Although it is true that the Delaware class would likely need to establish additional facts as to defendants' alleged wrongdoing, such as the timing of payments or notices of denial, the underlying facts remain identical for the settlement claimant subclass and the Delaware class members who are releasing claims: (1) members sustained injuries covered by PIP or MedPay; (2) members submitted claims for those injuries; (3) members had claims processed using cost-containment software; and (4) members allegedly received less for their claims than they should have. (10)
In other words, whether the alleged underpayment is due to defendants' improperly capping the claims or to defendants' failing to pay interest due under Delaware law on late payments that resulted from improper capping, the core factual predicate involves the claims for medical benefits that claimants submitted to defendants under their PIP and MedPay policies and defendants' subsequent mishandling of those claims. Delaware law simply provides a different or additional source of damages for the same conduct by defendants: the use of their cost-containment software. In short, objectors seek to relitigate that same predicate under a different legal theory.
Objectors invoke two cases in which federal courts determined that settlement releases improperly extinguished claims that did not arise from the same core factual predicate as the pleaded, settled class claims. We disagree that those cases provide relevant persuasive support for objectors' position here. In one, Schwartz v. Dallas Cowboys Football Club, Ltd., 157 F Supp 2d 561, 565 (ED Pa 2001), the plaintiffs in the original class action alleged that the National Football League (NFL) violated antitrust laws by "bundling" (that is, requiring purchasers to purchase all regular season Sunday afternoon games, rather than a single game) its "Sunday Ticket" satellite broadcasting package. That release purported to extinguish future claims arising out of the NFL's conduct related to its Sunday Ticket satellite broadcasting package as well as its future conduct related to cable and Internet broadcasting packages. Id. at 567-68. The district court, after examining the case's litigation history, determined that the release was too broad, because the exclusive focus of the underlying litigation and allegations had been the NFL's conduct pertinent to its satellite broadcasts. Accordingly, the settlement could not release later claims related to the NFL's future conduct regarding cable and Internet broadcasts of its games. Id. at 577-78.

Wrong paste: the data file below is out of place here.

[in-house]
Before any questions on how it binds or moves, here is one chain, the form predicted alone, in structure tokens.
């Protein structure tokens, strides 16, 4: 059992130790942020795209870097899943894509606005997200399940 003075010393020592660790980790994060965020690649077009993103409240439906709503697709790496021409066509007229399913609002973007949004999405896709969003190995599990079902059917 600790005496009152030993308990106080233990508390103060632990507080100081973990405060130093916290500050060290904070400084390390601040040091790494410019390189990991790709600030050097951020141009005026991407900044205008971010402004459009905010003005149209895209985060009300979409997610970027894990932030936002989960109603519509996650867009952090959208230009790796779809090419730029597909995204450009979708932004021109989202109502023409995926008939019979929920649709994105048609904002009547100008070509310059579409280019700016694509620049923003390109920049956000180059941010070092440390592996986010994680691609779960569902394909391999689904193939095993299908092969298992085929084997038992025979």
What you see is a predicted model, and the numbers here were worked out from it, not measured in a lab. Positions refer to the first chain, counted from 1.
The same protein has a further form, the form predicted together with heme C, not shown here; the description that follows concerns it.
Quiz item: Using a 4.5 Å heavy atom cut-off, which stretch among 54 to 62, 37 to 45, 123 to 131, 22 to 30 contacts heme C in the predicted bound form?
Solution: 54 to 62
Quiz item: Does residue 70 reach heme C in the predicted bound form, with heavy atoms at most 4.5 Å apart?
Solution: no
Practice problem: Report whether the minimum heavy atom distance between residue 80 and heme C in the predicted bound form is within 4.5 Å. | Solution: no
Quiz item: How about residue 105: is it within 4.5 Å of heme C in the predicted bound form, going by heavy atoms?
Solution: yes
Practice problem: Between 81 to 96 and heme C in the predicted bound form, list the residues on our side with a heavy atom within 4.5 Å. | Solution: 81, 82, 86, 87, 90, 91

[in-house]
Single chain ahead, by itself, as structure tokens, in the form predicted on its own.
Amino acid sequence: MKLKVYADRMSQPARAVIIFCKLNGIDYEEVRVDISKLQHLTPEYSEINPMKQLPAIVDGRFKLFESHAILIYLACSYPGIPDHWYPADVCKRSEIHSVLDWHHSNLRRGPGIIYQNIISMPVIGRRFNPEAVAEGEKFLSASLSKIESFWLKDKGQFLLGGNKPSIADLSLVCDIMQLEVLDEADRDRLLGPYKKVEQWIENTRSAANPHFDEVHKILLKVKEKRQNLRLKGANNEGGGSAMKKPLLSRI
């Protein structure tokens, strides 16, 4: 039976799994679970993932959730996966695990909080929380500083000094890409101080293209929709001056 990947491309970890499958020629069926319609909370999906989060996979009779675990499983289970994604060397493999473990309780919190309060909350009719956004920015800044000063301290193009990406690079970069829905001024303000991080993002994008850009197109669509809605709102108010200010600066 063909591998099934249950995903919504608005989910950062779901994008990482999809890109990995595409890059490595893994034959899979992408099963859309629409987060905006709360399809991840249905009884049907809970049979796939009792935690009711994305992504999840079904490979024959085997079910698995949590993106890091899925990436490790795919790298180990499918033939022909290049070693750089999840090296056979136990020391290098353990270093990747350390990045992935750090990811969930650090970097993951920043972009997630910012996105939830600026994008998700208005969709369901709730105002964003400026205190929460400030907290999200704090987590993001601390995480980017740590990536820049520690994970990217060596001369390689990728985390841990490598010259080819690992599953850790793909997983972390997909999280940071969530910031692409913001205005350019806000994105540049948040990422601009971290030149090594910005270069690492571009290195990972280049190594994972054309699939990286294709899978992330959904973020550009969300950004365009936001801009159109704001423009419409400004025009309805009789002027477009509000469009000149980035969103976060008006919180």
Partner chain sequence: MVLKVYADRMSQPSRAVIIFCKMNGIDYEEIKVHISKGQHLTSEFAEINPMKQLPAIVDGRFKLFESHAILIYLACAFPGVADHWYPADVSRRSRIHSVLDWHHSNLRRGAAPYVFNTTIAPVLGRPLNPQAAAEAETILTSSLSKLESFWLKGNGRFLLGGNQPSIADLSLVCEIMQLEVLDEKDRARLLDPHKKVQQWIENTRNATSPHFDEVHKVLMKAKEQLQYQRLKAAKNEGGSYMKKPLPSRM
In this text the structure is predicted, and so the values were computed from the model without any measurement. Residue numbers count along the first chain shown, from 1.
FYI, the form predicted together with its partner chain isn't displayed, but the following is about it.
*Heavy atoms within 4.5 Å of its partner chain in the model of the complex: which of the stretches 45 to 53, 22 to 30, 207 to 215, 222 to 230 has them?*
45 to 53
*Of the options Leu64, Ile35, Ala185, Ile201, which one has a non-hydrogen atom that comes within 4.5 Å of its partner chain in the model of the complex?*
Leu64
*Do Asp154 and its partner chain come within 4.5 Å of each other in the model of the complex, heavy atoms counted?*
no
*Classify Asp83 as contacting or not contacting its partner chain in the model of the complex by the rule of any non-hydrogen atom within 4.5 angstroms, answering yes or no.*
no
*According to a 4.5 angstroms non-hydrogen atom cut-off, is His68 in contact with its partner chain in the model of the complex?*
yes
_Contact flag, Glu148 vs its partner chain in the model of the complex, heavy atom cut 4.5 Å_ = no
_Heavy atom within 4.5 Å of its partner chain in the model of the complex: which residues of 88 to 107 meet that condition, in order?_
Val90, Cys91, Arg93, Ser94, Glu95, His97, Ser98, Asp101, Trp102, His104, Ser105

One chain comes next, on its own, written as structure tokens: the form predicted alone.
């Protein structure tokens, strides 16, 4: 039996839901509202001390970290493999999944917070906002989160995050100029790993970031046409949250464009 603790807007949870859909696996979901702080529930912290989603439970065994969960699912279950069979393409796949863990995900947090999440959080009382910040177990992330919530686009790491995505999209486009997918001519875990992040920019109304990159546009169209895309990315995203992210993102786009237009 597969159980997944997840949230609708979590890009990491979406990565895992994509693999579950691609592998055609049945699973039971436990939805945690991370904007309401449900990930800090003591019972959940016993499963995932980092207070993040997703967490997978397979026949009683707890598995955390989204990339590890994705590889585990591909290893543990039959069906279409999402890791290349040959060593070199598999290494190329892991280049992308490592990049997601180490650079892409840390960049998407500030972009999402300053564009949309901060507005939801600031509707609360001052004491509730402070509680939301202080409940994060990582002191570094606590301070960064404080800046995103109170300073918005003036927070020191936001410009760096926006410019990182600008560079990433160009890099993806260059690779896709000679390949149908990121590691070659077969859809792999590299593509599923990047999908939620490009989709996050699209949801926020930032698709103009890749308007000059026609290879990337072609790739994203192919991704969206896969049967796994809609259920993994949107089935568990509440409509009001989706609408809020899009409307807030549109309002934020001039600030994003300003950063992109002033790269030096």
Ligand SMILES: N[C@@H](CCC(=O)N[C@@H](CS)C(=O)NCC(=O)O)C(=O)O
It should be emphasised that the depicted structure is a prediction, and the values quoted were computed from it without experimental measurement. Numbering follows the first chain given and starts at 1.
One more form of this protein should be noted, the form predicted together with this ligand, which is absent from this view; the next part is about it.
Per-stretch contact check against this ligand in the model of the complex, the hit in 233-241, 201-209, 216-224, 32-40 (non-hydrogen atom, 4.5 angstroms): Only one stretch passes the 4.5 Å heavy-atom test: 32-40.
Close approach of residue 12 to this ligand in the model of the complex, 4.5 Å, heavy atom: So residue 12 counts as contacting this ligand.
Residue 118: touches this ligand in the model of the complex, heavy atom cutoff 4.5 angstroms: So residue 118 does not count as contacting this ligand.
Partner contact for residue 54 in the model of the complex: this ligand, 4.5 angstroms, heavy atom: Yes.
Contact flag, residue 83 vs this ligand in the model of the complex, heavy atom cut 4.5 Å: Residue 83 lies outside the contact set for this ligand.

In the other, National Super Spuds v. N. Y. Mercantile Exchange, 660 F2d 9 (2d Cir 1981), the underlying settlement bound a class that was defined as persons who had owned futures contracts that they had liquidated between April 13 and May 7, 1976. That settlement purported to release, among other things, claims based on futures contracts that remained unliquidated after May 7, 1976. Id. at 14. The Second Circuit held that those unliquidated futures claims could not properly be barred by the settlement. Id. at 21. In reaching that conclusion, the court noted that the gravamen of the pleaded complaint was that the defendants' conduct had caused injury to those who had liquidated their contracts during the relevant class period, not those with unliquidated contracts. Id. at 16-17. Hence, the settlement could not properly extinguish claims based on a different factual predicate, that is, those contracts that were unliquidated after the relevant time period. (11)
Objectors argue that, as with the objectors in Schwartz, whose claims arose from practices for selling cable and Internet broadcasts rather than satellite broadcasts, and in National Super Spuds, whose claims arose from unliquidated futures contracts held after the class date as opposed to liquidated contracts during that period, their Delaware claims requesting unpaid interest and punitive damages for late payment of medical benefits likewise can be differentiated from those of the settlement class requesting damages for the improper capping of medical benefits. We disagree. In both Schwartz and National Super Spuds, the underlying settlements purported to release claims based on entirely different factual interests and issues. In Schwartz, the factual predicate comprised the NFL's past conduct toward Sunday Ticket satellite broadcast subscribers and those subscribers' subsequent harm, not the NFL's future conduct toward subscribers of nonsatellite broadcasts. Likewise, in National Super Spuds, the core factual predicate involved the harm caused to those who liquidated their futures contracts during the class period (based on tort law), whereas the improperly released claims involved the damage caused to unliquidated futures holders after the class period (based on contract law).